Slow moving traffic, inconveniently timed traffic signals and cars blocking lanes parked beyond the no-parking limit are commuting impediments we battle daily. Frustrated yet consigned, we become used to the ebb and flow and then plan our travel time accordingly. What happens, then, when an unforeseen road closure pops up to further thwart our efforts to reach our destination on time?
We’ve all experienced the unexpected lane closure, the flag man or woman stopping our movements forward. We ask, “Why did we not know about this scheduled work ahead-of-time?”
Often, it is simply due to a lack of coordinated and proactive community engagement. Because, we know if given ample information and time, we would have made a different decision – left earlier, taken a detour, restructured our errands, telecommuted or even opted for alternate transportation.
Too often being a frustrated commuter asking this question, I can only suspect, from the builder’s perspective, they wanted to get in and out and focus on the work itself. It might take additional resources, time and money to engage the community and “deal” with the oft times push back from communities and commuters due to the “inconvenient” street construction. From noise to dust to traffic disruptions, communities can be quite vociferous when it comes to infrastructure projects, particularly large projects where there can be years’ worth of road closures and detours (from D.C.’s National Park Service’s Beach Drive Rehabilitation Project to Michigan’s Gordie Howe International Bridge to Seattle’s Alaskan Way Viaduct, and throughout the country).
But, let’s look at this from the perspective of those most affected:
Time is precious. Knowing how long it takes to go from point A to point B is of importance to the resident trying to get their child(ren) to school, the nearly-new parents trying to get to the hospital, the business owner who needs to open his door for customers or the commuter maneuvering downtown to punch in for the day. Knowing about detours or road closures or scheduled utility outages due to construction is not only important, it is vital to their quality of life and day-to-day success. The most important comment someone once said to me was, “Remember – at the end of the project, we (the project team) will leave, but the community of neighbors (resident, business owner, commuter) will remain.” We are there to make sure they feel involved, respected and informed while setting realistic expectations related to construction.
A fellow communications expert, David Biggs, the chief engagement officer at MetroQuest, conducted an informal survey amongst award-winning city planners during a planning conference. The planners received awards because, “these planners went above and beyond in the area of community engagement for their planning projects.” Curious, Biggs asked a few questions related to their approach, but his final question to them was quite simply, “Why?” To his surprise, from the planner’s perspective, they felt community engagement provided their elected city officials the “courage” to move forward with a project.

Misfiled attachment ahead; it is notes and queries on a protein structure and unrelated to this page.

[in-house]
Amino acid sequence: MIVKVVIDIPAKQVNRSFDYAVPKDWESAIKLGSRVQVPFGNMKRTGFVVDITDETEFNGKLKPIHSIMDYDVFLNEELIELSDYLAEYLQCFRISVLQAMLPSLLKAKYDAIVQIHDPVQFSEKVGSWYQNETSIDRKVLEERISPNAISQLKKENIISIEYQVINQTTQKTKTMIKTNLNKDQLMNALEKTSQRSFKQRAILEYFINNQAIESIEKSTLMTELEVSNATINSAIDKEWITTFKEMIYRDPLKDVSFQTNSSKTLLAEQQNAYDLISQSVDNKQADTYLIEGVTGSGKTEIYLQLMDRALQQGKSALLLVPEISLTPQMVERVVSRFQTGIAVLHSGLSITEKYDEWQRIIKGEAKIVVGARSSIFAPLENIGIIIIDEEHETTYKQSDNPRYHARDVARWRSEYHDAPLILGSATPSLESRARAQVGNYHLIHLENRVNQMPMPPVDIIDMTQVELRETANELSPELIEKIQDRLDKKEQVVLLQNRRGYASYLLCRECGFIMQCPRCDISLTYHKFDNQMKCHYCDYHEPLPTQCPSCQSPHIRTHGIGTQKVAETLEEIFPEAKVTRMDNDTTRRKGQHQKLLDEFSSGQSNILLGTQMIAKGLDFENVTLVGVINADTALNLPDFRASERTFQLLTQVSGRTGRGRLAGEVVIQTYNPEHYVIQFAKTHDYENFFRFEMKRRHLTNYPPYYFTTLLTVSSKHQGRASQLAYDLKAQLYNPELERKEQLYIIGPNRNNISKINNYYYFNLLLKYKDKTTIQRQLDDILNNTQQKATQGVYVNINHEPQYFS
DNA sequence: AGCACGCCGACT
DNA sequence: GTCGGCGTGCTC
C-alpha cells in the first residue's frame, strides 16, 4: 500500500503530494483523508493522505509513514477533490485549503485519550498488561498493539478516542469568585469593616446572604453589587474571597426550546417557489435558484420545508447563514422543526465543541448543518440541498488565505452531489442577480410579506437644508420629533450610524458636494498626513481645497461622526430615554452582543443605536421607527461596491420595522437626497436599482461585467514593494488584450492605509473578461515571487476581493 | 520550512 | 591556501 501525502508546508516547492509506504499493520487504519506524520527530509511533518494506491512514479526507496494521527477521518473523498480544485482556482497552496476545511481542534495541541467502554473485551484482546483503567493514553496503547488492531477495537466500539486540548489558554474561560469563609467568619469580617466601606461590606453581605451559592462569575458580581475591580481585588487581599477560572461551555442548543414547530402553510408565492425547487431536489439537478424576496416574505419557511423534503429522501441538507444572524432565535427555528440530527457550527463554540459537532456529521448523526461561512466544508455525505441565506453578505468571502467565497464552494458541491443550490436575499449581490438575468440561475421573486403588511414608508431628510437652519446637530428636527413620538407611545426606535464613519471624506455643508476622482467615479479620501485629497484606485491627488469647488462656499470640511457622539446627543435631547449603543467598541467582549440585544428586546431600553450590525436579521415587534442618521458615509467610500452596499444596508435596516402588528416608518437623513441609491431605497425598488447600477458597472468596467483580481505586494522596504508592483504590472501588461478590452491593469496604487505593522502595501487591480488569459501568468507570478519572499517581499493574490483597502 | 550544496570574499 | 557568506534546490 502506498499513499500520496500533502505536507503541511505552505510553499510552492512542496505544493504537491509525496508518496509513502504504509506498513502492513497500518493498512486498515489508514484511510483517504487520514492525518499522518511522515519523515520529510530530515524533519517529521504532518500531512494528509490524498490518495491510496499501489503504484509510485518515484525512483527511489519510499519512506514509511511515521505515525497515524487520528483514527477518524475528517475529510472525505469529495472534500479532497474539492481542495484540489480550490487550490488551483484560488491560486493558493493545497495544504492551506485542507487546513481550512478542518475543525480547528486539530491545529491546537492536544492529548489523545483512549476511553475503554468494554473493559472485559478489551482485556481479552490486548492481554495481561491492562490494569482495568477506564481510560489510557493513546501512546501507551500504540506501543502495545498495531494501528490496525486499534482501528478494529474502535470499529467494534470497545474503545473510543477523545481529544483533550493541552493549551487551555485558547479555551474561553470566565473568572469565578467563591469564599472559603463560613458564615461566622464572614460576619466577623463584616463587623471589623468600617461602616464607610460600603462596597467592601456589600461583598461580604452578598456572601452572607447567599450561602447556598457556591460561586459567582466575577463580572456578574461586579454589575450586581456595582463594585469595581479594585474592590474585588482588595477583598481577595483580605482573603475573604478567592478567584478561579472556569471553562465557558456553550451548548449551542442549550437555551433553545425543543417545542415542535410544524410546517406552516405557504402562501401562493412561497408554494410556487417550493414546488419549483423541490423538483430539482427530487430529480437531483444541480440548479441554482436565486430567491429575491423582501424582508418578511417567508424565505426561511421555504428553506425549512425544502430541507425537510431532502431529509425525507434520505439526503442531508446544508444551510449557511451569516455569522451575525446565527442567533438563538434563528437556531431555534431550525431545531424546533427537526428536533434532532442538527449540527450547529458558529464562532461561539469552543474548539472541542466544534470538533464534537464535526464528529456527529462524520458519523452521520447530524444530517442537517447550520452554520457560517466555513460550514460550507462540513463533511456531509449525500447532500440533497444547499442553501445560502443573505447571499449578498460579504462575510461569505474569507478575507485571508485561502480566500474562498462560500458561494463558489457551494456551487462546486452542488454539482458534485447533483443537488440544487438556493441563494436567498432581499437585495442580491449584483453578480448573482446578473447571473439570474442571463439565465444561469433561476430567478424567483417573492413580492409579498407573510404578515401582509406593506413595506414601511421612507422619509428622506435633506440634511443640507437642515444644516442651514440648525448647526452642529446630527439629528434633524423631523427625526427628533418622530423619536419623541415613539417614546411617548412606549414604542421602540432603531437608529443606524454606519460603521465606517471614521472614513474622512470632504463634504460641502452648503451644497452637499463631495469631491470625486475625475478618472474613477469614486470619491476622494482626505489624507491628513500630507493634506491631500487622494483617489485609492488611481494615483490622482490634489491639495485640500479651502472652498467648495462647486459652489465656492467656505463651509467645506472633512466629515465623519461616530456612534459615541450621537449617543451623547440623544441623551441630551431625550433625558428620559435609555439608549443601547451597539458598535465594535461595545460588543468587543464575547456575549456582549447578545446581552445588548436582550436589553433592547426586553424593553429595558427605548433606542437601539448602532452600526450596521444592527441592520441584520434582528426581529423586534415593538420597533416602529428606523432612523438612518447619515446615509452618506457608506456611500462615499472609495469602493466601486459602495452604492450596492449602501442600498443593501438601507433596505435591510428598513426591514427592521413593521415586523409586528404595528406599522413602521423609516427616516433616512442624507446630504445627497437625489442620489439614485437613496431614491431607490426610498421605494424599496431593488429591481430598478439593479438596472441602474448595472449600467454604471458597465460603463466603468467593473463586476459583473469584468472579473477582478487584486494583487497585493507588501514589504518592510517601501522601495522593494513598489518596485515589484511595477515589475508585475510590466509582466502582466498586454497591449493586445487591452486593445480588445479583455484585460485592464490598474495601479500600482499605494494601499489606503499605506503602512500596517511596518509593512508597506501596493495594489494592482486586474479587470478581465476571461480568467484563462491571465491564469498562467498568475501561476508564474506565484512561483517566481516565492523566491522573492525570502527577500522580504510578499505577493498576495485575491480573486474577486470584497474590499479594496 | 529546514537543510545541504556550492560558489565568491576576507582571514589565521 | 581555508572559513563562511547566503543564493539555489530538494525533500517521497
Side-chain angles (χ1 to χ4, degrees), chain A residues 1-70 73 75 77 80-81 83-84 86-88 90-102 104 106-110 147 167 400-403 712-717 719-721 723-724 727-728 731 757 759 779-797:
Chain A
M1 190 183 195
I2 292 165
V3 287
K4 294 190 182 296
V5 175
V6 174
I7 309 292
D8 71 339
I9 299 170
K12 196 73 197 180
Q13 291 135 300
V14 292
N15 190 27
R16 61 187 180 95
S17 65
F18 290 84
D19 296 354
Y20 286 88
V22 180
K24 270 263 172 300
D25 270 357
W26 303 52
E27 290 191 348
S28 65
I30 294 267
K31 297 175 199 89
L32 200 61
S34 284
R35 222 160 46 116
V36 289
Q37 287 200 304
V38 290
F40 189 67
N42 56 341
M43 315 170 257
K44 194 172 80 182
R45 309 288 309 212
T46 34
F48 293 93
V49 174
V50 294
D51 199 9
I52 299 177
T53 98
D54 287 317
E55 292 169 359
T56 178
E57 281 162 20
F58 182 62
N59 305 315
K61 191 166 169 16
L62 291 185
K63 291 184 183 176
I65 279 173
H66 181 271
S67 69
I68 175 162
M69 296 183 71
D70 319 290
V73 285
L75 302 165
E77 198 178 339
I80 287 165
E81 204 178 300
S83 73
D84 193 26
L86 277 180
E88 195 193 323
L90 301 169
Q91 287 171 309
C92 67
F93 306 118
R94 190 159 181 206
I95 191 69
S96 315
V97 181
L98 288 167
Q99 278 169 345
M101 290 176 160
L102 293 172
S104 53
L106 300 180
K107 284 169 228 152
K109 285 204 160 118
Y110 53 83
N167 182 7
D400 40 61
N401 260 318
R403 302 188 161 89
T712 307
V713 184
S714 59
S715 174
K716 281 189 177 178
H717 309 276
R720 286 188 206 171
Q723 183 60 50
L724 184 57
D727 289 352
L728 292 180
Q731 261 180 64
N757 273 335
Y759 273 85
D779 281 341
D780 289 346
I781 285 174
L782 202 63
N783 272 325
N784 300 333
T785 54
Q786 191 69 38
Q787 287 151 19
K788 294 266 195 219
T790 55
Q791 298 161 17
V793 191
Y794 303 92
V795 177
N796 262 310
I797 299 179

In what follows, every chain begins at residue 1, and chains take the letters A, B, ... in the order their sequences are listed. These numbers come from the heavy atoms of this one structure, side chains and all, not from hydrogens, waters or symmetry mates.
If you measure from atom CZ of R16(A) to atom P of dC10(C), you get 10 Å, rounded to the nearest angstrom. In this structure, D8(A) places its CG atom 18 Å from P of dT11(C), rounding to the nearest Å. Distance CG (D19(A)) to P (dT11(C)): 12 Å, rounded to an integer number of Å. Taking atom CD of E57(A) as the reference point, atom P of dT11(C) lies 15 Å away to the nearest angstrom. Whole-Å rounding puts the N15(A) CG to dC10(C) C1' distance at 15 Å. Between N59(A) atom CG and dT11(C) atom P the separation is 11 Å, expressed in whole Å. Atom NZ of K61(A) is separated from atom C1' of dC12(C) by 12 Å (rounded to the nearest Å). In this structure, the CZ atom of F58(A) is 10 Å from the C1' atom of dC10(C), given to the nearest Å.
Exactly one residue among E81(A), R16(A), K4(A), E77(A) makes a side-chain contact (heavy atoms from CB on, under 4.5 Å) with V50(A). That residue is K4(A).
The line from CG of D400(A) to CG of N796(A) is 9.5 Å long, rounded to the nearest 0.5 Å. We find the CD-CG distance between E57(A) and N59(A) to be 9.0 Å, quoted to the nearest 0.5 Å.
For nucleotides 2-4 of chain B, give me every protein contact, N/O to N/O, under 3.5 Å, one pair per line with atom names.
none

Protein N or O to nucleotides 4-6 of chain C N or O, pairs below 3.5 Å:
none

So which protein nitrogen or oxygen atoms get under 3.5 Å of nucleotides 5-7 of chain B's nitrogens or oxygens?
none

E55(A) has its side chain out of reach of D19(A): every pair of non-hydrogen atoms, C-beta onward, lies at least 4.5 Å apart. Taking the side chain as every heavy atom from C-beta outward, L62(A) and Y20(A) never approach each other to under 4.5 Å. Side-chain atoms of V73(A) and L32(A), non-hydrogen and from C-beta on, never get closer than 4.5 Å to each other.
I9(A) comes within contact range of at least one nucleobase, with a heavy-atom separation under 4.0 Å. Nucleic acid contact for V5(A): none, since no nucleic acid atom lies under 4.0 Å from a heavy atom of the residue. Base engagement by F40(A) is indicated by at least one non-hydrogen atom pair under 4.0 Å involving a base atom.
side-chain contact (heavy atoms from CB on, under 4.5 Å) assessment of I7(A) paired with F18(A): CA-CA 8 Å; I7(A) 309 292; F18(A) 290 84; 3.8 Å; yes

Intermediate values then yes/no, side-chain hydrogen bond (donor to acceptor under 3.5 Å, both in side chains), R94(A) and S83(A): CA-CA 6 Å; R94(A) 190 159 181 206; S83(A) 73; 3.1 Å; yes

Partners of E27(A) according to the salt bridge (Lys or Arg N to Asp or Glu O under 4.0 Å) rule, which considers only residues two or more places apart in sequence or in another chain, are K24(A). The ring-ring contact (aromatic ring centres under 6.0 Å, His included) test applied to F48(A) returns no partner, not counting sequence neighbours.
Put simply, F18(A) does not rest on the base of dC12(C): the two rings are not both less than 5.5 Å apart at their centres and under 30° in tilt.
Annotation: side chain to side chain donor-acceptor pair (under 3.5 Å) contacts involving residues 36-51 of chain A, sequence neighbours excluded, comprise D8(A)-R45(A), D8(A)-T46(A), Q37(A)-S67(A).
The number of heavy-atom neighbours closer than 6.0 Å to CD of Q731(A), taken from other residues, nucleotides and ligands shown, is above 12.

Working in the communication business for nearly 20 years supporting small- and large-scale infrastructure projects, I understood their answer. Although, one might not call it courage, but rather an assurance that the elected official will not be inundated with calls from his/her unhappy constituents when blind-sided by a disorganized and poorly communicated planning process which could challenge their re-election aspirations.
Construction Team/Owner’s Rep
Every aspect of the project is a direct reflection of the project team, but particularly the company in charge. Whether it is a local transportation agency, engineering firm or subcontractor, the public is looking to you for answers. Your perspective should reflect your desire for success and good public relations. Luckily, the transportation agencies in the D.C. area, including the District Department of Transportation, Maryland State Highway Administration and the Virginia Department of Transportation, significantly improved their public engagement policies over the years. Today, most local transportation and infrastructure projects include a public engagement plan. These plans encourage community input allowing for 1) transparency, 2) heading off potential conflicts within the community environment and, 3) building a public trust with the project team.
The media loves a good transportation story – and they love a transportation controversy even more. The D.C. area has its share of subject-matter transportation experts who will happily weigh-in with their views. To minimize negative public and media attention, a cohesive, well-messaged and proactive media plan is standard in all large-scale infrastructure and transportation projects. From the media perspective, they want to make sure the public is aware of any traffic impediments, delays and detours, particularly when it relates to a major commuting artery. It is always important to remember the media perspective is a balanced perspective.
On one side, they want the public to be informed and will gladly work with the owner and project team to provide the data, but on the other side, they can be quick to report when there is community distrust or division. I have witnessed projects that quickly implode due to escalating negative media reporting turning a poorly executed communication plan into the need for a crisis communication plan.
In today’s digital and social savvy society, information is literally at the fingertip. There is no reason for the traveling public to be caught off guard due to poor community engagement practices. The best approach is to start with a well-organized, cohesive and proactive community engagement plan with one simple mantra: no surprises.
Karyn Le Blanc is a senior vice president and leads Stratacomm’s infrastructure and development practice.